blog Violent Crimes

Violent Crimes

Breaking Down Colorado’s New Anti-Ghost Gun Law

By Timothy Bussey on September 19, 2023

A gun being printed in a 3D printer.

Beginning January 1, 2024, every gun in Colorado must have a serial number. If you own a firearm that does not have a serial number, you can get it serialized by a licensed Colorado gun dealer.

Senate Bill 279, signed into law by Governor Jared Polis on June 2, 2023, closes a loophole that allowed people to own and purchase so-called “ghost guns,” which can be assembled at home. Ghost guns are unregistered and untraceable by law enforcement.

Posted in: Violent Crimes

When Does “Bodily Injury” Become “Serious Bodily Injury”?

By Timothy Bussey on July 10, 2023

Physiotherapist examining a female patients neck in clinic

In Colorado, there is a substantial difference between the terms “bodily injury” and “serious bodily injury.” Bodily injury refers to minor injuries, such as cuts and bruises. Serious bodily injury refers to injuries that are so severe they pose a risk of death. If you are facing violent crime charges, understanding the differences between these terms is crucial, given that one could lead to more severe penalties than the other.

Posted in: Violent Crimes

What Do Police Consider a “Deadly Weapon”?

By Timothy Bussey on June 20, 2023

Hand holding up a sandstone rock, as if to hit something or someone.

Colorado defines a deadly weapon as any object, instrument, or device capable of causing death or serious bodily injury. This broad category includes firearms, knives, bludgeons, explosive devices, and even everyday devices when used with intent to cause harm. For example, if someone uses a rock to smash someone else’s skull intentionally, that rock would be considered a deadly weapon under the law. Determination of a deadly weapon is based on the potential for harm rather than on the specific characteristics of the object itself.

Posted in: Violent Crimes

Colorado’s CRS 18-3-203 and Second-Degree Assault

By Timothy Bussey on June 18, 2023

Close-up of taking off handcuffs from criminal's hands in a dark fogged interrogation room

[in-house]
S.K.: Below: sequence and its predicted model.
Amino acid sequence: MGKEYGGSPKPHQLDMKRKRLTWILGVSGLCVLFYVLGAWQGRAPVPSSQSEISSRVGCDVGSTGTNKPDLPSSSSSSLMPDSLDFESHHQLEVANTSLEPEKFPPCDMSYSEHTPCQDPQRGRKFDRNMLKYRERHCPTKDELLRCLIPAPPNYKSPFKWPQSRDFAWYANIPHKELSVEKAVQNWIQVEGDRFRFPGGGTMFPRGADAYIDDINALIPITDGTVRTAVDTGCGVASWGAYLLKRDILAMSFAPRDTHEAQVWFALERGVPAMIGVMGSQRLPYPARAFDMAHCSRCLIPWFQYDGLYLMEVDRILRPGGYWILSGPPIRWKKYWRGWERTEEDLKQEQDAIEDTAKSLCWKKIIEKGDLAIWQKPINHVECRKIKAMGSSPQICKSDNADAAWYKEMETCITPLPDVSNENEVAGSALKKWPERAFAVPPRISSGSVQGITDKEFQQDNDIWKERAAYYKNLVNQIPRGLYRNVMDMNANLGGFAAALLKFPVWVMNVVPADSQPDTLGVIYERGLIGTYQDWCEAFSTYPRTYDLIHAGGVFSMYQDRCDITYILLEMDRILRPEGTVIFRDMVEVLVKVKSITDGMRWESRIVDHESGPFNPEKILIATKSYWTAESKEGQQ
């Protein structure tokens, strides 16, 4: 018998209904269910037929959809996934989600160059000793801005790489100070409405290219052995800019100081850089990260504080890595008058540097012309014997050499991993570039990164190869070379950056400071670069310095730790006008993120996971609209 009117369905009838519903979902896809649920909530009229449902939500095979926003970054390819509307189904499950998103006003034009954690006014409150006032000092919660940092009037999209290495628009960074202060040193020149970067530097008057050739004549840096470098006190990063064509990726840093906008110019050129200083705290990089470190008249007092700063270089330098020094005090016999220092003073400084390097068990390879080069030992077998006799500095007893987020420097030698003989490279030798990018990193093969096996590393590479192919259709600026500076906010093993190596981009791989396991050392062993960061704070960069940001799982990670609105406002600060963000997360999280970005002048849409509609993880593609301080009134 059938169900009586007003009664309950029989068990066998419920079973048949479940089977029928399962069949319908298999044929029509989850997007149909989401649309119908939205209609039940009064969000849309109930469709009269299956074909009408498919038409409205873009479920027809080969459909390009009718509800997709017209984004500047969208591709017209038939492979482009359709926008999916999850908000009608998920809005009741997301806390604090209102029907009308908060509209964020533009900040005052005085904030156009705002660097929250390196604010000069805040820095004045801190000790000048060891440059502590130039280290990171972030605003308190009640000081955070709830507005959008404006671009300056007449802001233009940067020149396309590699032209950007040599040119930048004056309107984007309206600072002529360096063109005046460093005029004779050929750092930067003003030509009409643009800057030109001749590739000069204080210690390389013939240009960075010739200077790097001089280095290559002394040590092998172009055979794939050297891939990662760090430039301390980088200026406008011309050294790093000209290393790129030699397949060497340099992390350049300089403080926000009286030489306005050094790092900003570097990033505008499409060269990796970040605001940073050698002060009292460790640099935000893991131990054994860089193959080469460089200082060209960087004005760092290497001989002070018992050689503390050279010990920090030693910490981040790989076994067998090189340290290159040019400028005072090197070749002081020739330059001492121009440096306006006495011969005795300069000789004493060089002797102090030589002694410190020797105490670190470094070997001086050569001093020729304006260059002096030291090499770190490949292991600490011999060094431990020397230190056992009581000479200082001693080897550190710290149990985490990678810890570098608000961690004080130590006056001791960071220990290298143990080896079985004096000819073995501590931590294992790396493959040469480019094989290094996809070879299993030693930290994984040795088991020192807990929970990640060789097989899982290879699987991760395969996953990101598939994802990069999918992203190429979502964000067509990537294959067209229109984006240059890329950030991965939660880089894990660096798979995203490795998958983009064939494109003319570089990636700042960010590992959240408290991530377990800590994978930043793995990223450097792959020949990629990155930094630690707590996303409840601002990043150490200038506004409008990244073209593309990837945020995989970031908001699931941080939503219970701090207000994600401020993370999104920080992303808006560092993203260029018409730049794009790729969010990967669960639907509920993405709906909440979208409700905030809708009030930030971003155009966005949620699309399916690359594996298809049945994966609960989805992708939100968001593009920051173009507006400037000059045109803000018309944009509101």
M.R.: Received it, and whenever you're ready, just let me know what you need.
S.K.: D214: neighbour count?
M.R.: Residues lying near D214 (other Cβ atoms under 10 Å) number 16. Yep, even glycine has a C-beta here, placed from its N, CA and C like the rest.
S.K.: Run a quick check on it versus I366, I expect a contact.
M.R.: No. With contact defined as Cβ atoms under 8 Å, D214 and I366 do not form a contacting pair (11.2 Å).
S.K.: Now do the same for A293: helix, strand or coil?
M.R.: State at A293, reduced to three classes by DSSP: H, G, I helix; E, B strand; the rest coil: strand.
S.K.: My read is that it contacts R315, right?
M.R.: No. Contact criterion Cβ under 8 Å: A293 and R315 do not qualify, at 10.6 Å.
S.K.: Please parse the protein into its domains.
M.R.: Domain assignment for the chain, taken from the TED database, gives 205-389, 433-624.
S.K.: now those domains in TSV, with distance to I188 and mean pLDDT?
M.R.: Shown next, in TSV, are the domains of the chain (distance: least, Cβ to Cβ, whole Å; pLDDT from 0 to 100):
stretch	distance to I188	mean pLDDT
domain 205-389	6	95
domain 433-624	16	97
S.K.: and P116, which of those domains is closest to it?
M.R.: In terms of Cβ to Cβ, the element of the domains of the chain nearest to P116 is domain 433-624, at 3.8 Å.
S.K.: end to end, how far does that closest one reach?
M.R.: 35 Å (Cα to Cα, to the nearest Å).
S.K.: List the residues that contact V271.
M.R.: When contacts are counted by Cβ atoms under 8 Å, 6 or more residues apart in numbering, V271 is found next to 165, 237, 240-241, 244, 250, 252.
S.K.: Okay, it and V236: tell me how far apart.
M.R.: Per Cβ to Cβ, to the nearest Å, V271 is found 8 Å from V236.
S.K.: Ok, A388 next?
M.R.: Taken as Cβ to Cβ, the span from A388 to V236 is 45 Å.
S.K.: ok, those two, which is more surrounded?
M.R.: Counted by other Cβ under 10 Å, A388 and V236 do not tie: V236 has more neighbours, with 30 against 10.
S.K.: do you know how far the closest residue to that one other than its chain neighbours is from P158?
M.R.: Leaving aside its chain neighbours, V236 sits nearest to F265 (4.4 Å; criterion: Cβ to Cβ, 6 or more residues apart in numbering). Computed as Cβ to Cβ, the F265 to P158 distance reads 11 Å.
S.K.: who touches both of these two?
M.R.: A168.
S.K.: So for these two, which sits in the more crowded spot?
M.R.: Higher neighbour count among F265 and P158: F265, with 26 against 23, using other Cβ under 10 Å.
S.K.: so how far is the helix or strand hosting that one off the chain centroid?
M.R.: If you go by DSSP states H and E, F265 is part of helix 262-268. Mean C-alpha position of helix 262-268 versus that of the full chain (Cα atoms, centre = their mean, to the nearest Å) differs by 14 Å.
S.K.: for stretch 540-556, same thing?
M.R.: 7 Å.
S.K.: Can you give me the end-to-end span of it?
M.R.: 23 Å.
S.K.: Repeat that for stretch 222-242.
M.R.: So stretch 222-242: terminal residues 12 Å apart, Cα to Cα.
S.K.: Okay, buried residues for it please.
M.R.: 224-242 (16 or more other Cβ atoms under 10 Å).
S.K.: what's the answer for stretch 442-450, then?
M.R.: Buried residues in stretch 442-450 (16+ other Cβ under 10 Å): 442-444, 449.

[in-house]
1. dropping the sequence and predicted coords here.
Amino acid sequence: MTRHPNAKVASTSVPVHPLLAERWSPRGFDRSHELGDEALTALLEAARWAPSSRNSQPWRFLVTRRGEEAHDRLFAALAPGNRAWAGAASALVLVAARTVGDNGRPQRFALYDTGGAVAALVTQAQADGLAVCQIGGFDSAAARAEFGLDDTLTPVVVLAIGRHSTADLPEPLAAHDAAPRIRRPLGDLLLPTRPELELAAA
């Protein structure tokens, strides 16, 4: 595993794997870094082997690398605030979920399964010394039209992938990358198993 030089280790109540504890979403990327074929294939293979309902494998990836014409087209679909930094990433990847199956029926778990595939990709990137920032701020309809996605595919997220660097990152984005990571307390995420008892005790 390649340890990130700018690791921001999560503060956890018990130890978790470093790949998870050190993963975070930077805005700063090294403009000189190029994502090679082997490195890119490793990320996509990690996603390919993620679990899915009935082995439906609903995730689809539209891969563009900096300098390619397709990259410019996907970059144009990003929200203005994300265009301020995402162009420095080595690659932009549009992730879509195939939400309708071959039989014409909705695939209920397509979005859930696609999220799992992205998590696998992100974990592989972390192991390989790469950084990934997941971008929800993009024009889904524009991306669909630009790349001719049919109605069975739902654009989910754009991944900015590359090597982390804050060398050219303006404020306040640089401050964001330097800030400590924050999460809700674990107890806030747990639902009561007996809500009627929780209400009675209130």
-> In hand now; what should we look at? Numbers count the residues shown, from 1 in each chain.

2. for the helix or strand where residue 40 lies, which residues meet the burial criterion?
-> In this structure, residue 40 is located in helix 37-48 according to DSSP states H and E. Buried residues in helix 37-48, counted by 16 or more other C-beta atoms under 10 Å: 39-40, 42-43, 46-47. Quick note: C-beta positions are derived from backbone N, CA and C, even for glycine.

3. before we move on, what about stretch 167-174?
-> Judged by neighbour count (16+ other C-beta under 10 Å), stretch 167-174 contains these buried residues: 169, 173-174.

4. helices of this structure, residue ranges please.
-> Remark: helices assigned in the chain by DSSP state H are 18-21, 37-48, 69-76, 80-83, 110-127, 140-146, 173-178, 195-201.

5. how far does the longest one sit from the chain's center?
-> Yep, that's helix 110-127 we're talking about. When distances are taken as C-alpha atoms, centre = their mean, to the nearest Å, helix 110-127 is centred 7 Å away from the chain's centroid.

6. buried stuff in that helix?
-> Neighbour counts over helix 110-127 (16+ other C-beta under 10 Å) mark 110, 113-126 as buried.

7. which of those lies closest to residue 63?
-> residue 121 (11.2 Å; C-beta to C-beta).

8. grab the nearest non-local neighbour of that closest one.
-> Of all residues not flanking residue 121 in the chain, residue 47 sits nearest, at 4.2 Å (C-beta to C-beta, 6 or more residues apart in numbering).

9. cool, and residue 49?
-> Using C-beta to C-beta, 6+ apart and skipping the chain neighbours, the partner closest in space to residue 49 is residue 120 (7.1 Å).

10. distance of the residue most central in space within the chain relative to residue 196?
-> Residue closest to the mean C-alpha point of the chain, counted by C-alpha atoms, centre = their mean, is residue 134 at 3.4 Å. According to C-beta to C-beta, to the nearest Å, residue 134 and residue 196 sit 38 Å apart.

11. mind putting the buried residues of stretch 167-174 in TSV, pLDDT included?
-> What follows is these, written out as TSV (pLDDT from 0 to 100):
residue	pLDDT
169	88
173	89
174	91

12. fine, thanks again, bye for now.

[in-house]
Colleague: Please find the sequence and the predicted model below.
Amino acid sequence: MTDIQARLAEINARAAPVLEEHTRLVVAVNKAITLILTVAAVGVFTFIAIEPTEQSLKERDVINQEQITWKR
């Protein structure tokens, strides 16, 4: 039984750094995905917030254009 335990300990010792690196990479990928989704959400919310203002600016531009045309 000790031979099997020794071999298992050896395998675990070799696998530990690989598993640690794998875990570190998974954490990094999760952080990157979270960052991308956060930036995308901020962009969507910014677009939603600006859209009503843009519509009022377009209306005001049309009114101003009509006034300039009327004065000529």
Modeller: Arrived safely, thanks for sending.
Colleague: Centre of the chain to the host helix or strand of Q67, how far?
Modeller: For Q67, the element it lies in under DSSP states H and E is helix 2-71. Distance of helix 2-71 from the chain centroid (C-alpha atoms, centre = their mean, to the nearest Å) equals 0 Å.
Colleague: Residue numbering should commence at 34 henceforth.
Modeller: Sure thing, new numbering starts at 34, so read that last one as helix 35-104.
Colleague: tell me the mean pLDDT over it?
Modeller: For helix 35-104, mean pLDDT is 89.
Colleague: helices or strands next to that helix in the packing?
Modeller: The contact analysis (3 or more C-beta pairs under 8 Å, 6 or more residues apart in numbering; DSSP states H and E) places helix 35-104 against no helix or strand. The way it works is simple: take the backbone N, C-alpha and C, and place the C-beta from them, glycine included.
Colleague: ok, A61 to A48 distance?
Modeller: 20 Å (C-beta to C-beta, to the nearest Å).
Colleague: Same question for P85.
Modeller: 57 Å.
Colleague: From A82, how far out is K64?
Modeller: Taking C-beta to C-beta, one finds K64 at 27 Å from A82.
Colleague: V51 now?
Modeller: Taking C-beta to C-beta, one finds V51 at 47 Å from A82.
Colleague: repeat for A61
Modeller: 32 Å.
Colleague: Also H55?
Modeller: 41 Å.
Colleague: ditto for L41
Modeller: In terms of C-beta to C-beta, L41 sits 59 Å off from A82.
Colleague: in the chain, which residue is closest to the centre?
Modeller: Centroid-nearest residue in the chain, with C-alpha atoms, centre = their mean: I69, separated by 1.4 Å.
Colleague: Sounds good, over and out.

The crime of second-degree assault is defined in the Colorado Revised Statutes in Section 18-3-203. This is a serious criminal offense that involves intentionally or recklessly causing bodily injury to another person with a deadly weapon. It is a class 4 felony that carries a prison sentence of five to 16 years.

Posted in: Violent Crimes

All About Resisting Arrest and Related Charges

By Timothy Bussey on May 15, 2023

two handcuffed hands held with the shadow of bars overlaid

Under Colorado Revised Statute 18-8-103 CRS, a person can be charged with Resisting Arrest if they knowingly prevent or attempt to prevent a peace officer from effecting an arrest of the actor or another person by:

Posted in: Violent Crimes

Assault and At-Risk Youth

By Timothy Bussey on April 10, 2023

Teacher sitting at a small table with construction paper and small child hands are seen but new faces.

Educators, counselors, and caretakers of youth with disabilities provide an invaluable service to children, families, and society. Those who work in these fields do so with a passion to provide education, care, and guidance to those who suffer intellectually and emotionally. While rewarding, these occupations also carry risks that other professions do not. When a situation gets out of control, caretakers and educators can find themselves charged with very serious crimes.

Posted in: Violent Crimes

What Does it Mean to Be Charged with Strangulation in Colorado?

By Timothy Bussey on December 5, 2022

What Is Strangulation?

You have been charged with Assault in The Second Degree, involving alleged strangulation. What does that mean? A pertinent statute, subsection 18-3-203 (1)(i), C.R.S., states in part, “A person commits the crime of assault in the second degree if with the intent to cause bodily injury, he or she applies sufficient pressure to impede or restrict the breathing or circulation of the blood of another person by applying such pressure to the neck or by blocking the nose or mouth of the other person and thereby causes bodily injury.”

Posted in: Violent Crimes

What Are the Penalties for an Extraordinary Risk Crime?

By Timothy Bussey on August 26, 2021


A gavel on a wooden desk.Several felony crimes are listed as “extraordinary risk” offenses under Colorado state law. These are crimes that state lawmakers have deemed pose a substantial risk to human health, safety, and life. Extraordinary risk crimes come with enhanced prison sentences, and minimum sentencing guidelines.

Posted in: Violent Crimes

Understanding the Make My Day Law

By Timothy Bussey on April 30, 2021

Here in Colorado, homeowners deserve the right to feel safe in their homes and to protect their family and property when someone threatens them. The Make My Day law grants homeowners legal immunity when they are threatened in a burglary or home invasion and respond accordingly. Depending on the nature of your case, this law may be key in keeping you out of jail.

Posted in: Violent Crimes

I Was Charged with a Crime of Violence – What Does That Mean?

By Timothy Bussey on November 6, 2018

Being charged with a crime of violence in Colorado is a serious matter—you are facing mandatory prison time.

If you are convicted of a felony crime in the state of Colorado, the presiding judge has three sentencing options: probation, community corrections, or incarceration. However, if the felony you’re charged with is designated a “Crime of Violence,” the judge has no choice but to send you to prison.

Posted in: Violent Crimes

Rocks, Hand Cuffs and Gavel